In the official photo from the 9th
annual BRICS summit, held September 2017 in Xiamen, China, few of the assembled leaders appear more uncomfortable than Brazil’s President Michael Temer, standing at the side of the group, holding the hand of Russian President Vladimir Putin
. Largely unnoticed in the U.S., in spite of his conservative orientation, but in part because that orientation is also pro-business, President Temer is presiding over a significant advance in the commercial position of the People’s Republic of China (PRC) in his country.
In a little more than a decade Chinese companies have realized 87 confirmed projects in Brazil, with a cumulative investment of $46.8 billion. Since 2015 alone, the Chinese have invested over $19 billion in the country, and in 2017, surpassed the U.S. as Brazil’s largest source of foreign investment.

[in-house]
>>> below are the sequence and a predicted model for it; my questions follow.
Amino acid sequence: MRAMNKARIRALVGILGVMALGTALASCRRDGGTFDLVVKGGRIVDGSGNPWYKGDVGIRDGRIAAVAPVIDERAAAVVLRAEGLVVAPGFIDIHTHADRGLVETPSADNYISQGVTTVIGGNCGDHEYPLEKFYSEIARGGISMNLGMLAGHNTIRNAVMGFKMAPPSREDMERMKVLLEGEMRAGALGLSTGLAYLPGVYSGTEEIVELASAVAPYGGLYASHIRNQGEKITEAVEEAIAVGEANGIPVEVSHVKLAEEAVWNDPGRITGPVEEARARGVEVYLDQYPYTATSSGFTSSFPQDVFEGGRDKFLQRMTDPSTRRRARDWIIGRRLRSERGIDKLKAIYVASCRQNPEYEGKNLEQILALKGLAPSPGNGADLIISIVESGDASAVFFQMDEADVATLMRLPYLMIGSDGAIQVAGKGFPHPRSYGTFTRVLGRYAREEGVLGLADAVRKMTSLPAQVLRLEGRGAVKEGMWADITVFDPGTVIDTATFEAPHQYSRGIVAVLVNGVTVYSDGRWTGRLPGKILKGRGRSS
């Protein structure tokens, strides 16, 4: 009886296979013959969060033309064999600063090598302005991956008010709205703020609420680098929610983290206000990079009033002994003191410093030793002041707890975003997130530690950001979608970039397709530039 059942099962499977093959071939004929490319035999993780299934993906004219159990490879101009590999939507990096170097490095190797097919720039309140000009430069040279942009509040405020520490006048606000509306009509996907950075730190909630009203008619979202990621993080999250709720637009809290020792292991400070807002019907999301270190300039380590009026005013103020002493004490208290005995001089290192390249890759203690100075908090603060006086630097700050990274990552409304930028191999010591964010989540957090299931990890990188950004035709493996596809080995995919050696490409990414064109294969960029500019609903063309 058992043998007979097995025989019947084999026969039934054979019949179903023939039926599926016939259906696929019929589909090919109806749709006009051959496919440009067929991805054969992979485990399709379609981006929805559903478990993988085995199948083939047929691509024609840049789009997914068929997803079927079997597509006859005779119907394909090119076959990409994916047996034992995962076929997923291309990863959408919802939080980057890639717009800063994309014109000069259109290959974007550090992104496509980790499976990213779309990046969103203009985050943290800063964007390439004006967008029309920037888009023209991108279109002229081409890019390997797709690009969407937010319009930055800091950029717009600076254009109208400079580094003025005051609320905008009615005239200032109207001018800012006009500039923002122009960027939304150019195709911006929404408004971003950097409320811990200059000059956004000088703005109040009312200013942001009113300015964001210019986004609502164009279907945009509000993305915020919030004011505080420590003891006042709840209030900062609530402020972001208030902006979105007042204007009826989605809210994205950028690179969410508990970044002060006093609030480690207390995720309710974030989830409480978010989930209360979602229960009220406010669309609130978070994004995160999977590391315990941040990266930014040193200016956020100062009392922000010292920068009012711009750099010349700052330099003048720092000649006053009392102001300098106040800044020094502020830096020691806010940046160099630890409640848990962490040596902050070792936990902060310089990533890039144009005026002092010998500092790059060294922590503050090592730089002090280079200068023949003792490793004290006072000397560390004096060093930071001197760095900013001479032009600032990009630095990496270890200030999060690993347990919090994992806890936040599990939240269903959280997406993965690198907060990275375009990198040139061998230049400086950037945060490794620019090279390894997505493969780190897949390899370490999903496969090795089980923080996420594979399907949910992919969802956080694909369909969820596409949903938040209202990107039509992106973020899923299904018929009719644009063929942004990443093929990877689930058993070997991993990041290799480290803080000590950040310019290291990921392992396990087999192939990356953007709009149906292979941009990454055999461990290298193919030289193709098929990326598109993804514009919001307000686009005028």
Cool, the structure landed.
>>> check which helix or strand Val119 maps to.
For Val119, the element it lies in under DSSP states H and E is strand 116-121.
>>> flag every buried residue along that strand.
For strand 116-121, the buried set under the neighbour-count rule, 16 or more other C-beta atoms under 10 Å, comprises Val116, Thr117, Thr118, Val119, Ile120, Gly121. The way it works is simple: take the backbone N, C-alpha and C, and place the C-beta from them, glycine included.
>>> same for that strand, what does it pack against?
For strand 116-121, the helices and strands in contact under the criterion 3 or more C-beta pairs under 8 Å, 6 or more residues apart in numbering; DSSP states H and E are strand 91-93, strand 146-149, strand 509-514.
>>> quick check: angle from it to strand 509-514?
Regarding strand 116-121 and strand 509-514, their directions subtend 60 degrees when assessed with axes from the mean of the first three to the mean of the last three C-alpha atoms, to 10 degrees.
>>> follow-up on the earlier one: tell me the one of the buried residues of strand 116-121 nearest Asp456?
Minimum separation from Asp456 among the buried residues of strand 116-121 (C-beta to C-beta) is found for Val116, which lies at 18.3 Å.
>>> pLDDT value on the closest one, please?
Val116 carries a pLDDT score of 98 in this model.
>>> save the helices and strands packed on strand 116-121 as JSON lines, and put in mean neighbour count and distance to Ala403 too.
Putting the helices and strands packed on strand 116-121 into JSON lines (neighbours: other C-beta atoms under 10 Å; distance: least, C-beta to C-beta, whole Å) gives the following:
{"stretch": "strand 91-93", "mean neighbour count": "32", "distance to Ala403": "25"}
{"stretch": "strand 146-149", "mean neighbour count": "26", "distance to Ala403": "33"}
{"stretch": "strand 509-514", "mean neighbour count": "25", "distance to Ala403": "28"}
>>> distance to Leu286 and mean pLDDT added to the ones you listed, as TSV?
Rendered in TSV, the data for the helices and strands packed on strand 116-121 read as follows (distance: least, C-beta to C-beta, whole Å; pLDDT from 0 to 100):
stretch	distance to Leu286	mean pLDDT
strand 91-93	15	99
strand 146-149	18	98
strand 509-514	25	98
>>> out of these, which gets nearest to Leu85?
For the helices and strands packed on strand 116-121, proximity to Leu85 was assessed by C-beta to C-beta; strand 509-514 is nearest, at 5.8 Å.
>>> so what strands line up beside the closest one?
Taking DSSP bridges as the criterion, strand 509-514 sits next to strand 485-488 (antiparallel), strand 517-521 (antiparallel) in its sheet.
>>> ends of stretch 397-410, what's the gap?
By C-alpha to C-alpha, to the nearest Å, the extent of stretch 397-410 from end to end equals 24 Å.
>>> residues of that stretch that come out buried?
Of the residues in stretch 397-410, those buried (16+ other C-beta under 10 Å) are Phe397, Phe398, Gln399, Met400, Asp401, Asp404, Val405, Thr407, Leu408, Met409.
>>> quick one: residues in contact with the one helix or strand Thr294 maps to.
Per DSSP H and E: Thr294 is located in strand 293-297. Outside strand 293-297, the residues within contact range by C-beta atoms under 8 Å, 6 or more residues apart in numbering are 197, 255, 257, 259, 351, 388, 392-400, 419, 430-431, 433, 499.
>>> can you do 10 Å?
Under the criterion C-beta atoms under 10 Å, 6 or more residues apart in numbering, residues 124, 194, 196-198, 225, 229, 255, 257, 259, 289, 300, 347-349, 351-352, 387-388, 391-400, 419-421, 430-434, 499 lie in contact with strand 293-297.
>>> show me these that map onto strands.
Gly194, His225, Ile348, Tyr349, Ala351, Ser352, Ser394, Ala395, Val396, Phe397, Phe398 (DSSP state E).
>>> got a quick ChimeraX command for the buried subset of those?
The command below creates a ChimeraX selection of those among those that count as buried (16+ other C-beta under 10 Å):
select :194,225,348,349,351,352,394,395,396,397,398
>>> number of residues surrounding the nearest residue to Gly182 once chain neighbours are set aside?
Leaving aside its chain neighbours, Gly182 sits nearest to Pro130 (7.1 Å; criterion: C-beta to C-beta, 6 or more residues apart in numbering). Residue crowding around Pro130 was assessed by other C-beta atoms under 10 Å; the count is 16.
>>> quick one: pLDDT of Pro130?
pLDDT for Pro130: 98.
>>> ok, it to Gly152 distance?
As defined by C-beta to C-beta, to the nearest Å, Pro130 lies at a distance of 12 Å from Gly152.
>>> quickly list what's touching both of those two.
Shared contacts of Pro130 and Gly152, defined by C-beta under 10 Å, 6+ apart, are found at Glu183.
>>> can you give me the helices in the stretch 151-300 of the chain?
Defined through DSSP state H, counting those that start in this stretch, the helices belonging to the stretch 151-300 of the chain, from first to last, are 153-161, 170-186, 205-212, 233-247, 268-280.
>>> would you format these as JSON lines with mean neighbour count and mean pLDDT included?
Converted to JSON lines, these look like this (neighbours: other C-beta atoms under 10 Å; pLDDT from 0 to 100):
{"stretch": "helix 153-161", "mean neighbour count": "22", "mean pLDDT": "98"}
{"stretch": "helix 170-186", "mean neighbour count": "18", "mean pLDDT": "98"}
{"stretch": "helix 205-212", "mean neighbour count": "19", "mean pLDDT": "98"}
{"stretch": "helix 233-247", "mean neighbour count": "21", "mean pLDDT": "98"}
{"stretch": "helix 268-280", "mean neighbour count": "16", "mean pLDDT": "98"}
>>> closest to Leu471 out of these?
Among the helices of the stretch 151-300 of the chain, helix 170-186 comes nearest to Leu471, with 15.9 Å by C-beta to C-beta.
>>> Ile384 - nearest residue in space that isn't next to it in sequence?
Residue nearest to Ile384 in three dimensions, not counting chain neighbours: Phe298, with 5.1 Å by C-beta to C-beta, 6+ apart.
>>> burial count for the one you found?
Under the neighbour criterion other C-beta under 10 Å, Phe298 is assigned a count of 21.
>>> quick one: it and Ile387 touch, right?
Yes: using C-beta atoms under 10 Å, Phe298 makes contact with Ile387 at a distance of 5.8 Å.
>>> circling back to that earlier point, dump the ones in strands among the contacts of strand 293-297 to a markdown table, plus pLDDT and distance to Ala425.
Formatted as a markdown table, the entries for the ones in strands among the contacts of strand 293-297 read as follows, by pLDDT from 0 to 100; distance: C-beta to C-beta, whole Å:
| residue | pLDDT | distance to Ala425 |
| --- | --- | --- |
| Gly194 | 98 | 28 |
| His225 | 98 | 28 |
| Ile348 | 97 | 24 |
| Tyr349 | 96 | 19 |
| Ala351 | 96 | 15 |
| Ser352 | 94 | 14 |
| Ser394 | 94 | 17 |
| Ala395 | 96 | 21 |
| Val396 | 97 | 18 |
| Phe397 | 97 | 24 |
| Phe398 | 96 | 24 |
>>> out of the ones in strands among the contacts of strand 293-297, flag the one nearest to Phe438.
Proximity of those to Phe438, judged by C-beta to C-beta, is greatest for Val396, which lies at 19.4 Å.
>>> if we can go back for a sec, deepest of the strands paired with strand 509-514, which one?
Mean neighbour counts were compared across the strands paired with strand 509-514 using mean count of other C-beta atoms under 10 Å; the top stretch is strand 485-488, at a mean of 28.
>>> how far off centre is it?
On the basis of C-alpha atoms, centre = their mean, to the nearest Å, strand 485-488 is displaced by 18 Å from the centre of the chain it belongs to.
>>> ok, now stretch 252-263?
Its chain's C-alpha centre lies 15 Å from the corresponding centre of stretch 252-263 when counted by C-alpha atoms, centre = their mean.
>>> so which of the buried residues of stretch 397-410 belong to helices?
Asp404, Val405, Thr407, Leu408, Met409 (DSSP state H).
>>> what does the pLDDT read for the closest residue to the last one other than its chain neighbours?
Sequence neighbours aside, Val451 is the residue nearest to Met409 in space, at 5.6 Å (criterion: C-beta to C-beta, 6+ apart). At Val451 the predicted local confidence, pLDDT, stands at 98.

The enormous potential of PRC economic activity in Brazil was showcased in 2009 by then President Lula de Silva, who negotiated a $10 billion loan from China Development Bank for the Brazilian company Petrobras. Yet true investment began to take off in 2010, with a series of major acquisitions, including Sinochem’s $3.1 billion purchase of the Brazilian oil holdings of the Norwegian company Statoil, the 2010 purchase of 7 power transmission facilities in Brazil by China’s largest electricity company, State Grid, and an acquisition of 7 more such facilities from the energy company ACS in 2012. China’s initial entry into Brazil as an investor “on the ground” also included a series of large dollar value purchases of minority interests in Brazilian companies, including Sinopec’s injection of $7.1 billion into the Brazil operations of the Spanish company Repsol’s, Sinopec’s $5.2 billion 2011 purchase of a 30 percent stake in the petroleum company Galp, Sinochem’s 2012 purchase of a 10 percent stake in Perenco, and the 2011 purchase of 15 percent of the rare-earth metals mining company CBMM by the Chinese group Baosteel.